Hundreds of thousands of people experience ACL tears per year, almost always athletes. However, injuring your ACL can happen to people who aren’t athletes as well.
The ACL is a ligament in the knee, and acts as a primary stabilizer in the knee for rotational movement. When you plant your foot to change direction, your ACL is the main ligament in your knee that allows for movement. Most often, ACL tears happen when playing sports like soccer, basketball, football and tennis - activities that require lots of changing of direction at a fast pace.
One of the most important things to remember when experiencing an ACL injury, is that the traditional orthopedic approach of jumping into surgery shouldn’t actually be be your first line of treatment. Physical therapy, stem cells, and other types of less invasive therapy might be your best option. Here is some advice to help.
Most patients believe that if they injure their ACL, they must have it surgically replaced. However, many large research studies show that physical therapy works just fine. Initially, reduce inflammation with RICE: rest, ice, compression, and elevation.
Understand what biomechanical factors caused the injury. When we get injured it’s usually because we have put some sort of intolerable force on the muscular, skeletal, or joint areas of our body. Once we understand what biomechanical factors are to blame we can address those areas and strengthen them. Various research studies have shown that ACL injuries are associated with poor position sense and balance, weak hamstrings and glutes, improper landing, etc. Get a good physical therapist who specializes in sports or consider program like Egoscue posture therapy that will look at the biomechanical factors that may have caused the injury.
The other knee, the one that is uninjured, is 6 times more likely to get injured. Recent studies have shown that patients who injure one knee and get the ACL surgically replaced are 6 times more likely to either re-injure the same or other knee. Make sure that you look at the biomechanical factors in the other knee to prevent injury. See above.
Not all ACL tears are the same or require the same treatment. The three tear types are: partial, complete, complete retracted. The ACL can partially tear, which means some fibers still left. These generally will heal with time. The ligament can also completely tear and either still stay together or pull apart (a retracted tear). Biologic therapies like Prolotherapy and platelet rich plasma may be able to prompt healing in partial ligament tears. For full thickness tears, see below.
An injection of your own stem cells may be able to completely heal bigger tears. In one case series of 10 patients, 7-8/10 saw good evidence of healing on post-injection MRIs and 8-9/10 saw improvements in pain and function despite having full thickness tears with retraction of up to 1 c.m.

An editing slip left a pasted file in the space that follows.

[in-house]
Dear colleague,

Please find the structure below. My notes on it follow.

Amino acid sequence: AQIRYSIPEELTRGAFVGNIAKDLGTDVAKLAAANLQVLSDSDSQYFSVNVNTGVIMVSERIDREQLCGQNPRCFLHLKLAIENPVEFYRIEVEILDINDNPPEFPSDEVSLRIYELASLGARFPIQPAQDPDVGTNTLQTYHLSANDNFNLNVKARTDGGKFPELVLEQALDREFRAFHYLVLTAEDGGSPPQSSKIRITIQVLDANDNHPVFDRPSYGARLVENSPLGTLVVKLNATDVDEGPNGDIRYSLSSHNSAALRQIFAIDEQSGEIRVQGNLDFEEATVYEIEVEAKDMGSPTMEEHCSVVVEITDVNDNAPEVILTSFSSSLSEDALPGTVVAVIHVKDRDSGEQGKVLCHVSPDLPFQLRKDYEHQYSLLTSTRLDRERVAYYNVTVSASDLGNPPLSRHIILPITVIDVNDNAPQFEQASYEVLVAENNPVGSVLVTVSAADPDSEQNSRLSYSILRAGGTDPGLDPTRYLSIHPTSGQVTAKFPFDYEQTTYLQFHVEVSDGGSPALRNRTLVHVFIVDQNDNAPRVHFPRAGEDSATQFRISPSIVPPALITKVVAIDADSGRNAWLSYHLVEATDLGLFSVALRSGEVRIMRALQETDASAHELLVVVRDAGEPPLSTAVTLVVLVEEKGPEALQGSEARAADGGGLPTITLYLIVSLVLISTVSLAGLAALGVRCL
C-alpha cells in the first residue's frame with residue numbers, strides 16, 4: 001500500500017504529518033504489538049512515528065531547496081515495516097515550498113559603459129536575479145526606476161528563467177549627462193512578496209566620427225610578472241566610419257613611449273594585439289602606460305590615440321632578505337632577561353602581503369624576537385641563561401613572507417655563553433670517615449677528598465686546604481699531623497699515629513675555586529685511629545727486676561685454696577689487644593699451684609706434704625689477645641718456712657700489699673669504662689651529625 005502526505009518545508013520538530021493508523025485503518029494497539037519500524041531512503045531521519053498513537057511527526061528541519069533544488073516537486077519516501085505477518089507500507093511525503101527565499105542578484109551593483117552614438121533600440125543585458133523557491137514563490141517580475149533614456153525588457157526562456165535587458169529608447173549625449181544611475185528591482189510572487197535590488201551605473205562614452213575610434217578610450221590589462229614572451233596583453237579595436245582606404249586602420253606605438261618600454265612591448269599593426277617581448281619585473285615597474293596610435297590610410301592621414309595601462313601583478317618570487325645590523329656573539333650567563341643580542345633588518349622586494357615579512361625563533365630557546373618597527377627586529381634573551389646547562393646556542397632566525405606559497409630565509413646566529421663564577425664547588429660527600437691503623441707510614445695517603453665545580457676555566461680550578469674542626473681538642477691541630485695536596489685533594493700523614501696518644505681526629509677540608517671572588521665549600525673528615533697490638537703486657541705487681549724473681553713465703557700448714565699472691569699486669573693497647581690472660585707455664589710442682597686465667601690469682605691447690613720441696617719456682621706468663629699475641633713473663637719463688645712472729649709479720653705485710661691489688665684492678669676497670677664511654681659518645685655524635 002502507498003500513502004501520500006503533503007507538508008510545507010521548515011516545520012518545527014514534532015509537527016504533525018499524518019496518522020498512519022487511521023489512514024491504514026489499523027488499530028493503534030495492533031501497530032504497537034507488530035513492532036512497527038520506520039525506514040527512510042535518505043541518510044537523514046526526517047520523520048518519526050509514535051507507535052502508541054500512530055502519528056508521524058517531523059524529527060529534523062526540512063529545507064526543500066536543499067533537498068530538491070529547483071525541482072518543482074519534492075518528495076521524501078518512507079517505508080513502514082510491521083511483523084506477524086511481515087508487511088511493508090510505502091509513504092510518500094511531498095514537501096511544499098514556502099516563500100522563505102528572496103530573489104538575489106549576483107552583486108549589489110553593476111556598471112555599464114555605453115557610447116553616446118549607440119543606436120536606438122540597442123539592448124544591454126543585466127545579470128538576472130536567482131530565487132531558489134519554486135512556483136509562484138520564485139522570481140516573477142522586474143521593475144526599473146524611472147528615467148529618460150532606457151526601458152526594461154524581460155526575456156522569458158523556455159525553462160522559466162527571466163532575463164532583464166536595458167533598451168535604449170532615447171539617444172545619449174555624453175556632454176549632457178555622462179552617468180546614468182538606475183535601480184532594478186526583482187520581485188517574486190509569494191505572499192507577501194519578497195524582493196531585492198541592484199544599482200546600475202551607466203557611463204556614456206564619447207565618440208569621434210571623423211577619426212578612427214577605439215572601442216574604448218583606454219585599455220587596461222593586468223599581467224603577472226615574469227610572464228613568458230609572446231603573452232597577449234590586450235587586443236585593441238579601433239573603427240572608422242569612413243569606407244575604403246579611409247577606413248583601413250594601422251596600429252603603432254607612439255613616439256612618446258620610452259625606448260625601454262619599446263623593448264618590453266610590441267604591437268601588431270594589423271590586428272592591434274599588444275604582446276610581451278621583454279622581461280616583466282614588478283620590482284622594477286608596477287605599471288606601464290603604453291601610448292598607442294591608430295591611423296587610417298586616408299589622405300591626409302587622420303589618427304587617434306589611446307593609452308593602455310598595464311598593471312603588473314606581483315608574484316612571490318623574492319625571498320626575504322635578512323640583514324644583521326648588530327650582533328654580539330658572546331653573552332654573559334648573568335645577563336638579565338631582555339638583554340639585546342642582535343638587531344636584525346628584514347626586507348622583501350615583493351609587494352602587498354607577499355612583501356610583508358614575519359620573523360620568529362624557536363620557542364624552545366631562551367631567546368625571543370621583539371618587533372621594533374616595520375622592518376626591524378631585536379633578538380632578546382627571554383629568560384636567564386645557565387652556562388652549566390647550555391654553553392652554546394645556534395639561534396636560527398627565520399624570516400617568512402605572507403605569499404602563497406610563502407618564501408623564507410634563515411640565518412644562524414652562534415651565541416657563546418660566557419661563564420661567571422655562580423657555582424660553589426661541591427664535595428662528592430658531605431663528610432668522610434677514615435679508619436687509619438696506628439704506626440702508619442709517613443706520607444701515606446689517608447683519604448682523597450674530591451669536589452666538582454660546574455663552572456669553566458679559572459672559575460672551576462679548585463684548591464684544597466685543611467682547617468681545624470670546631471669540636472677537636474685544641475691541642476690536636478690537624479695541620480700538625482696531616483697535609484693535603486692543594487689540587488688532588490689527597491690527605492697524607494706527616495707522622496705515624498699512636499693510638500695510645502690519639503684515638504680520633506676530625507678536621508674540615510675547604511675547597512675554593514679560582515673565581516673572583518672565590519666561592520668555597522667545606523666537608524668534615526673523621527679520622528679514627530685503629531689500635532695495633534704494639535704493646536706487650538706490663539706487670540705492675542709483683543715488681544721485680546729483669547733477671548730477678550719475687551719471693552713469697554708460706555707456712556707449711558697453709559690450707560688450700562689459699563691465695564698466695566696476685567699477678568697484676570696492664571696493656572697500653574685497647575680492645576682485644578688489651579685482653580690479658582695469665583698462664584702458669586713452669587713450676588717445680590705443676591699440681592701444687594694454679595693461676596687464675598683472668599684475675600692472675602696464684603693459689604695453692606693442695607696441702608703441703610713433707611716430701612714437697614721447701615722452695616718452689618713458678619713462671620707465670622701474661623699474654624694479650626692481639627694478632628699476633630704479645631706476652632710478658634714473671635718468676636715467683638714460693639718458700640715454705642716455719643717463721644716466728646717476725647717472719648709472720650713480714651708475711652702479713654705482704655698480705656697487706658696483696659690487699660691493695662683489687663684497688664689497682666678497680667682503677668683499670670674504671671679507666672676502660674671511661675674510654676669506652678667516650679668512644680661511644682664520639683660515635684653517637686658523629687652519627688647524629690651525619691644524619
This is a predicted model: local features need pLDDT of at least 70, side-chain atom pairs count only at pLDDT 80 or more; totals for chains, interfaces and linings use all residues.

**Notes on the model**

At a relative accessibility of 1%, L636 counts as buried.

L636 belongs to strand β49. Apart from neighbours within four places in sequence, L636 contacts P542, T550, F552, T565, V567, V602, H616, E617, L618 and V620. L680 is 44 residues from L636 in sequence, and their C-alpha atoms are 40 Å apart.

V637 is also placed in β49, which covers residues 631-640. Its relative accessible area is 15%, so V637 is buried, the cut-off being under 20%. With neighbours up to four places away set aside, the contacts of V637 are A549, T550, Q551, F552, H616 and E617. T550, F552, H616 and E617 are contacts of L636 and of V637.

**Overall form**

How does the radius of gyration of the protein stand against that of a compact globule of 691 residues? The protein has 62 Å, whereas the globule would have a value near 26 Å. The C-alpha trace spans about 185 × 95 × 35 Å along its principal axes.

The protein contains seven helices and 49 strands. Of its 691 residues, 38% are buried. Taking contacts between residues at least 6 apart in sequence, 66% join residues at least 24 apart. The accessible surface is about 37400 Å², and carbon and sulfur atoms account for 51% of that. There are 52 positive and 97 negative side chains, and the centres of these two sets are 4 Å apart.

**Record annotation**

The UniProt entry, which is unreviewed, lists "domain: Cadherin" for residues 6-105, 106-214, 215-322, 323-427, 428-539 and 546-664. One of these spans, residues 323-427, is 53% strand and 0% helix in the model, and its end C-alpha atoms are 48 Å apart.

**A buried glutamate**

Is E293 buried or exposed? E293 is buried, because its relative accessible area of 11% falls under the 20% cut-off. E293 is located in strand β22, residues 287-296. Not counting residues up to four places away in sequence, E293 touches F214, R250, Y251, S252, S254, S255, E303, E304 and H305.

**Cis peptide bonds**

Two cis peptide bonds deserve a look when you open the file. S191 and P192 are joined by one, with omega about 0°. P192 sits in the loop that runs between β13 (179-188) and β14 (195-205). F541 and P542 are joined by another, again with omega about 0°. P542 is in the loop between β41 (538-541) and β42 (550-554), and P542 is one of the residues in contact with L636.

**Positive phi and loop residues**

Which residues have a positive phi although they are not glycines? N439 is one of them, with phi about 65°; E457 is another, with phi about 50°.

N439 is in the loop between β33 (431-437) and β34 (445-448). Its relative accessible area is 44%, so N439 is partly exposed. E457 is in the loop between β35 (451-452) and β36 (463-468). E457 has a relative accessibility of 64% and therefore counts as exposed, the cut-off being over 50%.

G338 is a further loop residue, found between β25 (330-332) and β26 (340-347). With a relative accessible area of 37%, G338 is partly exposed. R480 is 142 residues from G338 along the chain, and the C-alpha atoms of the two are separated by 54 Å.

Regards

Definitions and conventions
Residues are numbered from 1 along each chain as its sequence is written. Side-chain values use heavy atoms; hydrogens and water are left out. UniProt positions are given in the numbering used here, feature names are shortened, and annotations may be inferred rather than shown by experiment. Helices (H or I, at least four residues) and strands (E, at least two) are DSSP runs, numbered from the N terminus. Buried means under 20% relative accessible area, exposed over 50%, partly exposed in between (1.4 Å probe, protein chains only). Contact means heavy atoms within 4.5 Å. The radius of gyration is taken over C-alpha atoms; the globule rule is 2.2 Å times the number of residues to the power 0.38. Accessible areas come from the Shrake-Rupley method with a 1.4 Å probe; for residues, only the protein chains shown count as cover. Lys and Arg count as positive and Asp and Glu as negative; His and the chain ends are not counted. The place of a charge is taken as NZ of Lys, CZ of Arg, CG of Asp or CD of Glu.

Not all ACL injuries require surgery. You would think that we have high level scientific evidence that surgery is the best option. However, we really don’t. In fact, some studies show that physical therapy works just as well. In addition, other studies show that patients that opt for surgery frequently end up with arthritis. There is also the downside of a protracted recovery and always the risk of complications like infection when surgery is involved.
NSAID’s, or Nonsteroidal Anti-Inflammatory Drugs are drugs like Ibuprofen, Aleve, Naprosyn, Motrin, etc. NSAID anti-inflammatory drugs are commonly prescribed, but several research studies show they can inhibit healing. Consider alternative options like fish oil capsules or ice.
Professional athletes have a much different agenda when it comes to ACL repair than you. A 3 million dollar a year pro athlete trying to eke out another year or two on his contract has only one goal in mind, play for another year or two or three. You’re likely concerned about how the knee will fare for the next 10, 20, or thirty years. So focus on the long-term. ACL surgery was designed to repair the knee of the pro-athlete without much focus on the long term side effects.
When we get injured our first reaction is always to get better as soon as possible. However, it’s always best to slow down and take a long range view of not only treating the immediate injury but how that will affect the body and quality of life in the years to come. Patients should always be looking to avoid surgery unless it is inevitable.
More expert advice about Injuries
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